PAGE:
When thinking of sunshine and beautiful beaches, you cannot look past the Land Down Under. Australia is known for its sizzling hot weather and riding waves, making it perfect for surfing. The thing is, though, there are so many beaches to choose from! We can’t necessarily rule out any, so we have decided on some of our favourites we think you should try out instead.
Taking it back just a tad, surfing has been a craze in Australia as early as the 19th Century. Now, there are between 2.5 and 3.5 million active surfers in the country alone, with one in three being women. Ultimately, it has quickly become a way of life among Aussies wherever you go there. Corporate giants such as Quiksilver, Billabong and Rip Curl have been founded in Australia thanks to the extreme popularity of surfing.
Whether you’re a newbie or pro, these beaches should be on the top of your Australian surfing bucket list:
Perhaps the most well-recognised name on our list, Bondi Beach is an essential location you have to visit irrespective of surfing. Located in Sydney, this beautiful area of the world is home to picture-perfect sand and curling waves just begging to be surfed on! And, what’s great is that there are lots of lessons you can take while there. A complete beginner can learn plenty.
While you’re gliding across the waves with ease and having fun, you should be able to see some of the wildlife just off in the distance. Dolphins tend to enjoy riding them just as much as you or we would! This is such a popular and happy place, with a great atmosphere in the hotter months—a must for any surfer out there.
If you want to know a little more about what Bondi Beach is all about, check out episodes from one of our favourite TV shows on YouTube, Bondi Rescue!
Or, click here to find surfing lessons & hire near Bondi Beach to tick one of Australia’s most popular surfing beaches off your list.
Over in Queensland, North-Eastern, Australia, you will find Noosa Heads – a hotspot that many surfers should be familiar with or aware of, thanks to its links to the 60s. The Main Beach is better for beginners as there are more gentle waves, while more experienced surfers can head to Tea Tree, a little steeper. Either way, this is a surfer’s paradise!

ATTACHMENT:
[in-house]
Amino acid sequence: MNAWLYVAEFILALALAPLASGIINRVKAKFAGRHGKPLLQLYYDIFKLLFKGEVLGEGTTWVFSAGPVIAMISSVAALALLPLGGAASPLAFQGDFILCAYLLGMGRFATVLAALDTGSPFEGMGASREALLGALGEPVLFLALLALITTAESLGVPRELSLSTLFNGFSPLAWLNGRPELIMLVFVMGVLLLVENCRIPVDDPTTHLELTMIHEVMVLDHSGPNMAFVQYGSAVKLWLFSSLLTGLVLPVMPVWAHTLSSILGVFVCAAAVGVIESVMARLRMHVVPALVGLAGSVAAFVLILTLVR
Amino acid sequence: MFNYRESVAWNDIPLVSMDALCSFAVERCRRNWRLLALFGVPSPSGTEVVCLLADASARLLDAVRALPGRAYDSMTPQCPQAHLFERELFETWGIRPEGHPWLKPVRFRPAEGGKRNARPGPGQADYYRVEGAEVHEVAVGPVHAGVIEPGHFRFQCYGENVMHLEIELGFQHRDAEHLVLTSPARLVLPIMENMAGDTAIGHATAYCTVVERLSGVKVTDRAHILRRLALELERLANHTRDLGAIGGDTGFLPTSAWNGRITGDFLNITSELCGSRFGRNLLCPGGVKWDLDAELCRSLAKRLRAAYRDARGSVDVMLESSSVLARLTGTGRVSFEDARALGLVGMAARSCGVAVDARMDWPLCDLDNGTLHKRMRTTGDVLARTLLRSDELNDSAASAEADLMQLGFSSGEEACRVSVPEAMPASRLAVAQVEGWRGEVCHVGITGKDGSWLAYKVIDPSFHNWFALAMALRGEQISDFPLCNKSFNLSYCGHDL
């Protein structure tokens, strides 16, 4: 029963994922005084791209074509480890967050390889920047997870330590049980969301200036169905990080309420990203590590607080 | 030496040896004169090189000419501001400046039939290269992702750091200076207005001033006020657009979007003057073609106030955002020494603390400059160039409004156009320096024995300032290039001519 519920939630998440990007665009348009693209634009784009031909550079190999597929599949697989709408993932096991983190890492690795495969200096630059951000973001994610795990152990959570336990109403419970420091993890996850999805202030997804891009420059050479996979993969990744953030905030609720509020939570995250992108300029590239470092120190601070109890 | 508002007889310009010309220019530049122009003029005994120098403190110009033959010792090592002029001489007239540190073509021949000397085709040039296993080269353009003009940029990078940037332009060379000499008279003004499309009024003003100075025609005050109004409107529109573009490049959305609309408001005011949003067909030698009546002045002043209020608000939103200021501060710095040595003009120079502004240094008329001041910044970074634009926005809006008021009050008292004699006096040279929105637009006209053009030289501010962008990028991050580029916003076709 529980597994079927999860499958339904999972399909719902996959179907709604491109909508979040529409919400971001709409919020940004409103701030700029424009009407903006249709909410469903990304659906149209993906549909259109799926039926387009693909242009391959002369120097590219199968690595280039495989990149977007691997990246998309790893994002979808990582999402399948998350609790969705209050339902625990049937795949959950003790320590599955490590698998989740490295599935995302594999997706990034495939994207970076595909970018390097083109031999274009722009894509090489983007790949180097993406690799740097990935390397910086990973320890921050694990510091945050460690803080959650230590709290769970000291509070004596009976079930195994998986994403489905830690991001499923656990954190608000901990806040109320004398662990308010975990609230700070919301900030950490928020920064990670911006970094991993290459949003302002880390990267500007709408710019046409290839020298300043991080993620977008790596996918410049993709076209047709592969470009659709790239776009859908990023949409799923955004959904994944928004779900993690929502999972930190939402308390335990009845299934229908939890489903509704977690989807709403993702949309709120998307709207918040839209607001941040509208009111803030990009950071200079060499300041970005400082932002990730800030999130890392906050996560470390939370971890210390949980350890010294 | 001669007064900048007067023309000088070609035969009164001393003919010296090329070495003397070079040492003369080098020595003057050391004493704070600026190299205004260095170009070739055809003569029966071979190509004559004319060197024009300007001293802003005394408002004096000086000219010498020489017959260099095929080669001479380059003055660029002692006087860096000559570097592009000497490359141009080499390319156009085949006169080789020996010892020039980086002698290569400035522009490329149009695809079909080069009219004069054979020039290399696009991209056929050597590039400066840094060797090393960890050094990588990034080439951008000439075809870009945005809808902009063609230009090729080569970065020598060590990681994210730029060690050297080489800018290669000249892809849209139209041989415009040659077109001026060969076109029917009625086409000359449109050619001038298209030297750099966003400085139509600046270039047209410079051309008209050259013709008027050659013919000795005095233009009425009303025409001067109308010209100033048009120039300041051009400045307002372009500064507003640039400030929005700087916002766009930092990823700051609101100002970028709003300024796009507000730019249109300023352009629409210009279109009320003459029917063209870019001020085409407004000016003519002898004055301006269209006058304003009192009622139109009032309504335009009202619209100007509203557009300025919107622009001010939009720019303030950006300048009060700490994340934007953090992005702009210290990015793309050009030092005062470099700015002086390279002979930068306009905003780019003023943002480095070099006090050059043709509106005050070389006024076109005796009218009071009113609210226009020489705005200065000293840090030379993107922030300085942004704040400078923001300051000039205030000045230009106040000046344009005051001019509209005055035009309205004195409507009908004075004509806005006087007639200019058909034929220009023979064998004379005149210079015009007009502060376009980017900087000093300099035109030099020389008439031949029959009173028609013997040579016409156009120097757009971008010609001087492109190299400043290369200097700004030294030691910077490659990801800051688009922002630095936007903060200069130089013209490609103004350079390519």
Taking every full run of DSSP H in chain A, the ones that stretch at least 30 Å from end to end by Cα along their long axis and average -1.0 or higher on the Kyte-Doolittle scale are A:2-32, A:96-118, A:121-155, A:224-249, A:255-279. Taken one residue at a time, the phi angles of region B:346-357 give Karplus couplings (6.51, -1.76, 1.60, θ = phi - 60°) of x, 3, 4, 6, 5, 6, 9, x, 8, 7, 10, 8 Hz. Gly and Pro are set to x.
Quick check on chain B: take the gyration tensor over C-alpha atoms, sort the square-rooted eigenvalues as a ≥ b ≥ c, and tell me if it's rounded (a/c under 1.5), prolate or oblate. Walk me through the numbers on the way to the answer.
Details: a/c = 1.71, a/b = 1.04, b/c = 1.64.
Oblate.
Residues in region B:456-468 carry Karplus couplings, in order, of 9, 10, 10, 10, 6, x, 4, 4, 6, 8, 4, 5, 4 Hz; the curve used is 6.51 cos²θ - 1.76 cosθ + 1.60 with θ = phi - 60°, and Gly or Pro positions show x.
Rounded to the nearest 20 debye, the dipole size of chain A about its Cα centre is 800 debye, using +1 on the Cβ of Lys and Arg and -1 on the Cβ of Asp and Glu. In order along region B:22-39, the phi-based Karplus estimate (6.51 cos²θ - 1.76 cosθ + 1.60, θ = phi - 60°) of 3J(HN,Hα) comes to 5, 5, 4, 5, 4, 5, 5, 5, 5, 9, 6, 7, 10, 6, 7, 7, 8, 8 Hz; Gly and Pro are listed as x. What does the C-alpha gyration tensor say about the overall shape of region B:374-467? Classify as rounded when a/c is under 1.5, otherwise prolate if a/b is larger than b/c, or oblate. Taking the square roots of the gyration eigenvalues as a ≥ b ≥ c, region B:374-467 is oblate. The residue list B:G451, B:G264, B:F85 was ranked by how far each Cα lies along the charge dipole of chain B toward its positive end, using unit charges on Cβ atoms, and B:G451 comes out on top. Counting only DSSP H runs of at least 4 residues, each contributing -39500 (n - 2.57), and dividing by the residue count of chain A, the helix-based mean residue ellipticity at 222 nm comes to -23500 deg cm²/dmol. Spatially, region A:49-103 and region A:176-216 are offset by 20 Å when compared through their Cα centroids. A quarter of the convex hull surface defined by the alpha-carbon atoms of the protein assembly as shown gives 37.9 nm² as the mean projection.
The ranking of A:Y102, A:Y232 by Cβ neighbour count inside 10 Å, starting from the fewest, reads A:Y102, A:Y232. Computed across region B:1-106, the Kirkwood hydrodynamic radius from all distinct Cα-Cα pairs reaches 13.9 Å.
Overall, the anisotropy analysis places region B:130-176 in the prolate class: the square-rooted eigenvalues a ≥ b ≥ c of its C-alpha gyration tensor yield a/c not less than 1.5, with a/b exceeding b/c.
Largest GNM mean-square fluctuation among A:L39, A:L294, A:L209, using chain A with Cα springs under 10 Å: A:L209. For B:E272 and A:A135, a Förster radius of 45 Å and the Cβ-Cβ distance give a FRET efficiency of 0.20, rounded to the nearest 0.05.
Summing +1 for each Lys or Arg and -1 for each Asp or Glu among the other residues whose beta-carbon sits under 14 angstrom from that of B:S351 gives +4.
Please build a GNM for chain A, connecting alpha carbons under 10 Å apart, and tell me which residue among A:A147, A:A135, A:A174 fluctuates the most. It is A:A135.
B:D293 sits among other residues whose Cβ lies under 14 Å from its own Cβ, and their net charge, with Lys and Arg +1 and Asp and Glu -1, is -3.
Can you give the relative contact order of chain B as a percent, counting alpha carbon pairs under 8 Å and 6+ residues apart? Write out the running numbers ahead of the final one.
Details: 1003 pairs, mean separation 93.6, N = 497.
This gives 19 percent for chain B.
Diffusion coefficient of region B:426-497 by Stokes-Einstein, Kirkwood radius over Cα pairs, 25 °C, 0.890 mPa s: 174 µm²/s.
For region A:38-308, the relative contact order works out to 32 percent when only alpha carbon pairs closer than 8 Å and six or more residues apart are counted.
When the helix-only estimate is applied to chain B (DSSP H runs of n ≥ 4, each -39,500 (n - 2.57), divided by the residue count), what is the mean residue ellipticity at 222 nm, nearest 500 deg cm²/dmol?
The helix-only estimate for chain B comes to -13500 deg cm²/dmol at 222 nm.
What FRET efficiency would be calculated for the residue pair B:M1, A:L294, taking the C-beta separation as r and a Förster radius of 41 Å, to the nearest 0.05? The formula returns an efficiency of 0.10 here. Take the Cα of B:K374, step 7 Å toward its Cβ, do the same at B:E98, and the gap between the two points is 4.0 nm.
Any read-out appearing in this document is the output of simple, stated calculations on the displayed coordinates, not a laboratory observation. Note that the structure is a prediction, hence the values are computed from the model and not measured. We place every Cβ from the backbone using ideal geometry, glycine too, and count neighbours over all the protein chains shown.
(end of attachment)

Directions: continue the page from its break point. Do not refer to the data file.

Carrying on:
The Coral Sea cyclone season is between February and May – your best bet for surfing here as the east and southeast winds are most active. Although, other times of the year are also good.
The Noosa Festival of Surfing also takes place annually in March. Last year’s surfing event crowned 20 champions!
Then we have Byron Bay in New South Wales, a beachside town welcoming surfers of any kind to come and test its waters. Perhaps the best surfing area you’ll find here is The Pass. The Pass is excellent for novices, the long-ride wave providing enough drops to keep every surfer happy.
Other than that, you can go to Belongil, Broken Head, Clarkes, Main Beach, Suffolk, Tallows, The Wreck, Wategos and Little Wategos. Each spot has something unique about it and can be great for all levels of surfers. There are so many that you may even be spoilt for choice! Either way, if you are up in New South Wales any time soon, then be sure to check all these out.
Located on the Gold Coast in Queensland, Snapper Rocks is a point break that forms the first part of the Superbank – one of the longest wave rides in the world. For experienced surfers out there, this is a great challenge to conquer as Snapper Rocks takes you all the way to Kirra 1.22 miles away on certain special days. That does mean these waters are highly crowded, though.
The start of the world championship tour, WSL Quiksilver Pro, is held here annually. This event is a surfing dream for spectators and surfers alike! Although it was cancelled last year due to Covid, the coming years should be more popular than ever. There are a number of hotels, apartments, holiday homes, and pet-friendly caravan parks to accommodate you during your visit.
Last but not least, you can take a trip to Torquay in Victoria, where the Rip Curl Pro surfing event is held every Easter. This surfing area has been a staple in Australia since the 1960s, and nearby spots such as Boobs, Centreside, Rincon, Southside, Winki Pop and Steps are found.
Bells Beach attracts some of the world’s best professionals and is surrounded by rock cliffs that can be used as vantage points for watching others take to the waves. But, of course, you can go ahead and enrol with local surf schools to have a go yourself too. There are plenty of waves to ride during any season, no matter the tide or wind direction. Be sure to bring a wetsuit, though!
So there you have it – our most favourite surfing beaches in Australia! Tag @watersports.guru in your Instagram photos if you’re lucky enough to visit any of these excellent Australian surf spots.
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